# 5V output on AAA Ni-Mh battery charger?

I bought a cheap Ni-Mh battery charger from Aliexpress to charge my rechargeable AA and AAA 1.2V batteries but before I plug them in, I checked the voltage on the charger terminals and it is reading 5V.

I am attaching the link to the product page and also will link image containing specs of the charger below.

So, I don't think I should keep the batteries for charging right? or can it have some intelligent voltage switching technique or maybe if I put all four batteries in it will divide the voltage which it should not but I am not an expert so.... Edit: Added internal circuit images

If you know how (simple) this charger is, there is no surprise that you measure 5 V and the 5 V is totally expected. Also there is no "intelligence" going on in this charger, the circuit is as basic as it can get and will be very similar to this:

simulate this circuit – Schematic created using CircuitLab

If the battery is removed and you use a voltmeter (which has a very high resistance) almost no current (about 0.5 uA) flows so almost no voltage (theoretically 7.5 uV) will drop across R1. So basically there will be 5 V across the battery terminals when there is no battery connected.

When you do place a battery it will have a voltage of around 1.2 V, that will give about 5 V - 1.2 V = 3.8 V across R1 so about 3.8 V / 15 ohms = 0.25 A will flow and that will charge the battery. When the battery is full there might be 1.4 V across it and that will decrease the charging current only slightly to 0.24 A.

That 0.24 A when fully charged will make your batteries warm up a bit, it is then better to remove them from the charger!

Edit: after you added photos from the charger's PCB we can see that there is a large (2.2 ohm?) resistor and it is shared by all the charging circuits. It does not change much to the principle of operation of this charger.

• Thanks for the quick response with detailed explanation.I am getting 1.27v reading when i check after connecting the battery. So what i understand is because of change of internal resistance the voltage changes. Now I understand that we should monitor voltage with the system completed. Also are there voltmeters that work even in this type of situations? – Tinted Dec 7 '18 at 10:13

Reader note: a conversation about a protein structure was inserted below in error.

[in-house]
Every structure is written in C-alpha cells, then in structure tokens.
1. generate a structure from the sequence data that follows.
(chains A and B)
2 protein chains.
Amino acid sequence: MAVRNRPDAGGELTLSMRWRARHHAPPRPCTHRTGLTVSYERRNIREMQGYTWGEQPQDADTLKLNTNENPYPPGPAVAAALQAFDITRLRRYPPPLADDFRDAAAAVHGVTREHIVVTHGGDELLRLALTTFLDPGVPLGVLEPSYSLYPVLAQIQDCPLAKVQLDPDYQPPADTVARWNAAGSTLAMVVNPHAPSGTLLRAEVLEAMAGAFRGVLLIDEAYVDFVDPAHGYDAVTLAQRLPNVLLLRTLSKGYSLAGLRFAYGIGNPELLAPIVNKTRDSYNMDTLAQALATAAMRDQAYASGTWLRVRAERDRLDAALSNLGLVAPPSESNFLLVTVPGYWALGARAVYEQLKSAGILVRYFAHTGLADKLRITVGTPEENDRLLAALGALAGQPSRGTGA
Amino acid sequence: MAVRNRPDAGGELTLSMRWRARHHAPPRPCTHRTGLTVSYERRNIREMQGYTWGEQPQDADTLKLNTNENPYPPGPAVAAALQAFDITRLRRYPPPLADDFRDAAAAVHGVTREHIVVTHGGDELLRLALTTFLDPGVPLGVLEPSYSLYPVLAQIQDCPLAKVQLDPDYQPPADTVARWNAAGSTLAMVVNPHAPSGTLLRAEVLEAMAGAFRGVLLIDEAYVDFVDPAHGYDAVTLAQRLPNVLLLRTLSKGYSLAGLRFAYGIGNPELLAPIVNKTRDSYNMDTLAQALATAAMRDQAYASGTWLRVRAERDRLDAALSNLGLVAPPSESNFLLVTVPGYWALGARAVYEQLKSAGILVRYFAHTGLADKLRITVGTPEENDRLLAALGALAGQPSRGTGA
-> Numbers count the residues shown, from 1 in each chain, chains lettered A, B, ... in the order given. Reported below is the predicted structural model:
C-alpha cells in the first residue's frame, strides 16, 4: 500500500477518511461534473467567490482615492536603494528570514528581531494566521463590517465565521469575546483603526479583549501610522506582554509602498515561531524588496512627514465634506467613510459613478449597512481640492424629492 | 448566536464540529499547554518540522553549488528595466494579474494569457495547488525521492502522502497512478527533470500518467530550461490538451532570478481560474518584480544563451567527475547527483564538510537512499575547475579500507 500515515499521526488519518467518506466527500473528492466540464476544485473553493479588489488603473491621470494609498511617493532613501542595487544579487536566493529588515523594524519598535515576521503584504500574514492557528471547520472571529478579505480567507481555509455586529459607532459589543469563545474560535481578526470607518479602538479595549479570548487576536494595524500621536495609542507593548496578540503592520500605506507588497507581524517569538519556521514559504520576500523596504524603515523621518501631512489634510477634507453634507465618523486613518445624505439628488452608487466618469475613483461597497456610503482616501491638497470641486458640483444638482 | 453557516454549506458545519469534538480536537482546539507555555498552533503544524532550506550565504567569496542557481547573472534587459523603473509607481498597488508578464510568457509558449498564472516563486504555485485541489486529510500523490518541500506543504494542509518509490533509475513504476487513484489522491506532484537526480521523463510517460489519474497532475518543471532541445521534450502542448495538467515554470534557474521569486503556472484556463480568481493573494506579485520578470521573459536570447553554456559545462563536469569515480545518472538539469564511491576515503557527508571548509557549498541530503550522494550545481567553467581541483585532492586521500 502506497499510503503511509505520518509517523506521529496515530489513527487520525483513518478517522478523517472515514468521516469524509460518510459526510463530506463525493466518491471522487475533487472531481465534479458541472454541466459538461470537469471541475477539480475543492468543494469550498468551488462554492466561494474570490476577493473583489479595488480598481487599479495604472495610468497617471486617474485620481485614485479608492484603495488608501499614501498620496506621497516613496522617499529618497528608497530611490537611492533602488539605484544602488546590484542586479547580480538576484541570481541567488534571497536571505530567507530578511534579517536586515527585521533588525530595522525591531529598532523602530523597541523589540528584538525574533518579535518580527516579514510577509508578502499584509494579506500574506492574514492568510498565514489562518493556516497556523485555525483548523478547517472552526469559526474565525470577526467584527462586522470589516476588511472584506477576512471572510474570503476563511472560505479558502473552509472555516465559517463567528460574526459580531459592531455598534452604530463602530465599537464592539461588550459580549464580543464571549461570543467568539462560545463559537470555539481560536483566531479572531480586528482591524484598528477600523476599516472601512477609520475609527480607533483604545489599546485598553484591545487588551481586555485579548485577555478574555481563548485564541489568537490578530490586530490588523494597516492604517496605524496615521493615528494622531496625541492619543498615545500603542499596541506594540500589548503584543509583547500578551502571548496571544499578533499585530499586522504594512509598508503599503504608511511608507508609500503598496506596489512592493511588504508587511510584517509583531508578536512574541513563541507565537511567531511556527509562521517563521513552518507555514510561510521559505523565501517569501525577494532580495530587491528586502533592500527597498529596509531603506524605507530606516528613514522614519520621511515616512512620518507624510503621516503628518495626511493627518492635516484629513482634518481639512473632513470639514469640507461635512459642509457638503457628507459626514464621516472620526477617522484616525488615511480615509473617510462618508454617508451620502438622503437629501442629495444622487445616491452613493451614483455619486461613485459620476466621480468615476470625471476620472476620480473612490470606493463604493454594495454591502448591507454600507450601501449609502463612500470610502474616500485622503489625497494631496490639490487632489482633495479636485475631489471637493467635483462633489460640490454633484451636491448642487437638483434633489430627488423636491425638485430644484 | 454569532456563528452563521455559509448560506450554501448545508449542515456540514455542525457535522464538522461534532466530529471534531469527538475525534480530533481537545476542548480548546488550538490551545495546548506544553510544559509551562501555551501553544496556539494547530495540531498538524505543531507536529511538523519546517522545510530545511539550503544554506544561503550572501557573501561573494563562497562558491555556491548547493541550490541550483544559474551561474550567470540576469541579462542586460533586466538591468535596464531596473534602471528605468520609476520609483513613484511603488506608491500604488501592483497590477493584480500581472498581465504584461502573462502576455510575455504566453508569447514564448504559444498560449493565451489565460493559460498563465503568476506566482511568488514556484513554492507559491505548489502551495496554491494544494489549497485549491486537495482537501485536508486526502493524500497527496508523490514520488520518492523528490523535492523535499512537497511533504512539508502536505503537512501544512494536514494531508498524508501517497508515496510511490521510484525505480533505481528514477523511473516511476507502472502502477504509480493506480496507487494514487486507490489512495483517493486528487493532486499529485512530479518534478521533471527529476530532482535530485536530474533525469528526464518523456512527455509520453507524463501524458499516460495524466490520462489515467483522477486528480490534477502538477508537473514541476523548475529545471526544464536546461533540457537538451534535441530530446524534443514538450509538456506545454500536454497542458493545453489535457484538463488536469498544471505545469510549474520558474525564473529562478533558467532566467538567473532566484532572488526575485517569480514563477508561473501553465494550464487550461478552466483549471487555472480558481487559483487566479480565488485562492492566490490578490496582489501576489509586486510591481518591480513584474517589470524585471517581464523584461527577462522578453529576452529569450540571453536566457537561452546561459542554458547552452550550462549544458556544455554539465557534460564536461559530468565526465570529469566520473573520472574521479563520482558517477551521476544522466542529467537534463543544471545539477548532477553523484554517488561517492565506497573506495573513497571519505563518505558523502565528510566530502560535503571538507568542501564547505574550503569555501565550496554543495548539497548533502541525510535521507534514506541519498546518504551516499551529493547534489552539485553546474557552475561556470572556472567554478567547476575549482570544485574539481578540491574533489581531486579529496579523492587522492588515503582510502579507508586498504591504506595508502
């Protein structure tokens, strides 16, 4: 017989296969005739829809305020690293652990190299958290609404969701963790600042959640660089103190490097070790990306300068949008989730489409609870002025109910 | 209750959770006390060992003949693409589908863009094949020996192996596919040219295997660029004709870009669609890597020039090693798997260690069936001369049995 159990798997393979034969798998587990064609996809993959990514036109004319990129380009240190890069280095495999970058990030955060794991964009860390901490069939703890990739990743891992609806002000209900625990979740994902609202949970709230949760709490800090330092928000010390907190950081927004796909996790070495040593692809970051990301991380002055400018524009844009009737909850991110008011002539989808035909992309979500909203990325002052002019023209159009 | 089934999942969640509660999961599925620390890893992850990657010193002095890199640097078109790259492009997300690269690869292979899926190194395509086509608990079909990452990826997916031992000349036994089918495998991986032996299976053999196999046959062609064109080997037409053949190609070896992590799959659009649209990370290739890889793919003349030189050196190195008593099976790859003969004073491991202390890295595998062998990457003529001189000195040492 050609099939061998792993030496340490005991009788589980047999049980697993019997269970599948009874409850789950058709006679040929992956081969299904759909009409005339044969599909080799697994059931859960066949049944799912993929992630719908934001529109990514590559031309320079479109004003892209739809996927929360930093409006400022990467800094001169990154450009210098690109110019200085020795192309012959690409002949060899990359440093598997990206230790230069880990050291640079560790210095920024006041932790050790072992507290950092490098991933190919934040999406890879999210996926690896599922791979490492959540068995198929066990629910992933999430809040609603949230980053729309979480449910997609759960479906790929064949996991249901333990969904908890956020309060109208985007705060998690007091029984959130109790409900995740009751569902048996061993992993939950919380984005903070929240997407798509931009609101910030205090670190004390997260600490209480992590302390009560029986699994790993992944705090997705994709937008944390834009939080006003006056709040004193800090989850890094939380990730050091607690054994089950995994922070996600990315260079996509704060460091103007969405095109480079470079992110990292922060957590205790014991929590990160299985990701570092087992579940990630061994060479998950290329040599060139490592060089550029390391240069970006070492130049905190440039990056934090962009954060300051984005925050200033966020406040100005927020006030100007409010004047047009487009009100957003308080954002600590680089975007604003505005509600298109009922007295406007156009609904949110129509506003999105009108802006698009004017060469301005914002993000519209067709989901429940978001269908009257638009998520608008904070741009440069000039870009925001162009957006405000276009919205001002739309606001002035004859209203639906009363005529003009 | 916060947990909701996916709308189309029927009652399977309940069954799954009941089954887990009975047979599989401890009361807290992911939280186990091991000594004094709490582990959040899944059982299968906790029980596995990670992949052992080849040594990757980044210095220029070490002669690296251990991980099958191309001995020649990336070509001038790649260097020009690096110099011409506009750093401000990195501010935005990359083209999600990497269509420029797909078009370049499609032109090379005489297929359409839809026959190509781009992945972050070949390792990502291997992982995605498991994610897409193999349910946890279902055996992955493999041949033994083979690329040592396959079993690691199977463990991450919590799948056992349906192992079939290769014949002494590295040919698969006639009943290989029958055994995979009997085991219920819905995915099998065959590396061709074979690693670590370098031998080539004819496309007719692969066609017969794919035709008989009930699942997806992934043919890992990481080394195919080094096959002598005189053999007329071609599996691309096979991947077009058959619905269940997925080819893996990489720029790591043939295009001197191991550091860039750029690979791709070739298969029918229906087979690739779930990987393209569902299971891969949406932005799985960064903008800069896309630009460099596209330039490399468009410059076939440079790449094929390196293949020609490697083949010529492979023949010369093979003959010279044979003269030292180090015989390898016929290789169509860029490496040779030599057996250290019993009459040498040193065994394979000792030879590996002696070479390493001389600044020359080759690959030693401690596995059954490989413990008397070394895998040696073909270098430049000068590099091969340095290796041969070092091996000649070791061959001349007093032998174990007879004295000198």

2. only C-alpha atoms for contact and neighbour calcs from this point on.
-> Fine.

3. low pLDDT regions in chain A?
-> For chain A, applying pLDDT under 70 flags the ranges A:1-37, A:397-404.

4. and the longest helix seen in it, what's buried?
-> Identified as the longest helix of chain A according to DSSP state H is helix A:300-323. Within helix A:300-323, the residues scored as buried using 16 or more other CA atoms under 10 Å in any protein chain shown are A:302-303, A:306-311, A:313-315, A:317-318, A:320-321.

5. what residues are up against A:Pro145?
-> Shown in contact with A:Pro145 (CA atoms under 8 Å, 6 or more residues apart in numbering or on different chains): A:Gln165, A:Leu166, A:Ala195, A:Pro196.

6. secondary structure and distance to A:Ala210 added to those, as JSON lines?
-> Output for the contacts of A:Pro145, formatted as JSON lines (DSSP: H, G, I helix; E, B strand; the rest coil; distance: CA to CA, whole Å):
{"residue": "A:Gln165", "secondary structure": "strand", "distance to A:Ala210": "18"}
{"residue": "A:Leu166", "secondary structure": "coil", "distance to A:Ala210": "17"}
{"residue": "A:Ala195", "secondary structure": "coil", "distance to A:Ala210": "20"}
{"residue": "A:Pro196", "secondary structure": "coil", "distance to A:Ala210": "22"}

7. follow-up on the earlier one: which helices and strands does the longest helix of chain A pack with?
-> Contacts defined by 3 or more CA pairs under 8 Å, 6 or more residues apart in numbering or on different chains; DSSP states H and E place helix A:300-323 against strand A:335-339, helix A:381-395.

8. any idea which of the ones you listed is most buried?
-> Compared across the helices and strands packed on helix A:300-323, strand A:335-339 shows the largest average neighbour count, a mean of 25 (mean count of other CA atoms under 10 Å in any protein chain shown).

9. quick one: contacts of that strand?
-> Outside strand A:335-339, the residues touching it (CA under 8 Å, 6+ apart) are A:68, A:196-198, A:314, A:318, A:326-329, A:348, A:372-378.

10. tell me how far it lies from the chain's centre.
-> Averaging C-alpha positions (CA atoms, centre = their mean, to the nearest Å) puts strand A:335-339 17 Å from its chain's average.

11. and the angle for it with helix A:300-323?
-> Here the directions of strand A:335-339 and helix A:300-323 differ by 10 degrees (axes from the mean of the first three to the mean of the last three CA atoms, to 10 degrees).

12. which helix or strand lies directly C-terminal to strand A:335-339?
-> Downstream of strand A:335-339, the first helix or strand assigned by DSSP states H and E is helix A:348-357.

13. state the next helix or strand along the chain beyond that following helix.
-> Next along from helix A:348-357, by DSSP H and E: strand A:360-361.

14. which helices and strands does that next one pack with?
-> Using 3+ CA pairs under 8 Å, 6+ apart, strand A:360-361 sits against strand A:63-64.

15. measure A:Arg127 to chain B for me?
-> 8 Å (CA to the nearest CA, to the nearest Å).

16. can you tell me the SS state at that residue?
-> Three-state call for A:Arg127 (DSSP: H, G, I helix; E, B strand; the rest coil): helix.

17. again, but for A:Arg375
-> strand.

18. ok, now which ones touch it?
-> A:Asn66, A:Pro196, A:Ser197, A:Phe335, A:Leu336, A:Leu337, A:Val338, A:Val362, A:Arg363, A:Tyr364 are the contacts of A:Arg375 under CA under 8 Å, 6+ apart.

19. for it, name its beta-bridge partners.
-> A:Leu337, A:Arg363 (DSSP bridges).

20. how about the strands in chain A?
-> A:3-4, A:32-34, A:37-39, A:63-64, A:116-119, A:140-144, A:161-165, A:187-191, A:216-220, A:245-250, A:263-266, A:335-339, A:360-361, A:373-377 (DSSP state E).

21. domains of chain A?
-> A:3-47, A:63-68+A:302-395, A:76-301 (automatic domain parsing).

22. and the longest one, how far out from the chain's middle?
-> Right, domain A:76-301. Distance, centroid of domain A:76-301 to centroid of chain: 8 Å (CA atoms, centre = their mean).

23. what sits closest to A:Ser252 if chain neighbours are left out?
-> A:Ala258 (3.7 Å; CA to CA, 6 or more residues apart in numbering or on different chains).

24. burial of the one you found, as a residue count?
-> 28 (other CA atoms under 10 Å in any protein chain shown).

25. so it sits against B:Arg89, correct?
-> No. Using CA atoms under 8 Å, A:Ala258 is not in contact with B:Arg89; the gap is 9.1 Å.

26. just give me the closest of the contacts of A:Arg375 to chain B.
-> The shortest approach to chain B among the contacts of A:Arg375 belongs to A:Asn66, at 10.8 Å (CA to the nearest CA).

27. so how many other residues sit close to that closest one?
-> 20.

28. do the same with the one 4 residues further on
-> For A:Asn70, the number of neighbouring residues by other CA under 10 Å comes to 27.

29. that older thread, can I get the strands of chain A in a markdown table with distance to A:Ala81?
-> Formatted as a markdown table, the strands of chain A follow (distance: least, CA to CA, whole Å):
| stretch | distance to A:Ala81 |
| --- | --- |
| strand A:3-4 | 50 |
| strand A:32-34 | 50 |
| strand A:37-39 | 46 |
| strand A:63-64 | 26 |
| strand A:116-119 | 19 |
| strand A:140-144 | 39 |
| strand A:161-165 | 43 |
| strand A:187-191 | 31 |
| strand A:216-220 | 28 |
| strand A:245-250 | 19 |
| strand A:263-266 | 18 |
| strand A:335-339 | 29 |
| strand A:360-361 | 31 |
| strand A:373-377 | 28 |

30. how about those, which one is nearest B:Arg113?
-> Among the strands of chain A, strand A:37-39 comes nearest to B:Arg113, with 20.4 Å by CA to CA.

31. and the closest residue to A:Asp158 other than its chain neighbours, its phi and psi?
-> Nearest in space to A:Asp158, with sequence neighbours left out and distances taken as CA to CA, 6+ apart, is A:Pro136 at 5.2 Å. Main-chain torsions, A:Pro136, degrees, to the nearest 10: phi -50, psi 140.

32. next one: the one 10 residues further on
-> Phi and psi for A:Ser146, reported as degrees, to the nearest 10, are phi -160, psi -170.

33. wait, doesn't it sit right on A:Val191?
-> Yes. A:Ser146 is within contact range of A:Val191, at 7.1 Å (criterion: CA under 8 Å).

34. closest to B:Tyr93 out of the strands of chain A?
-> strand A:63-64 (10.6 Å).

• Monitoring the voltage to determine if the cells are full is not a very reliable way, the voltage of the cell is also temperature dependent. Reliably detecting if a NiMh cells is fully charged is quite complex and only needed when fast charging. That 0.24 A is not too much to overcharge the cells for a while, they can handle that. Read more at: en.wikipedia.org/wiki/Nickel%E2%80%93metal_hydride_battery and batteryuniversity.com/learn/article/… – Bimpelrekkie Dec 7 '18 at 10:21

This is really a cheap knock-off "charger", beyond any consideration. The 5V reading is for no-load, since to charge anything you need to apply higher voltage. The current limit in this charger is set by series resistor(s), and with no load you read the value of its power supply.

NiMH batteries, and nearly all batteries, do not like to be overcharged. The charge termination conditions for NiMH batteries are complicated, see this Battery University article, and follow their recommendations. If the charge will be not timed manually, the lifetime of your cells will be decreased, and all your investments into rechargables will go into drain. I would advise to throw this "charger" away, and get something that is more intelligent and terminates the charge automatically.

• i will read some about the Ni-Mh charging and if this charger does not have auto stop then i will for sure ditch it today. – Tinted Dec 7 '18 at 18:13
• just now ordered a charger with an IC that controls the charge and everything. Thanks for the advice. – Tinted Dec 7 '18 at 18:17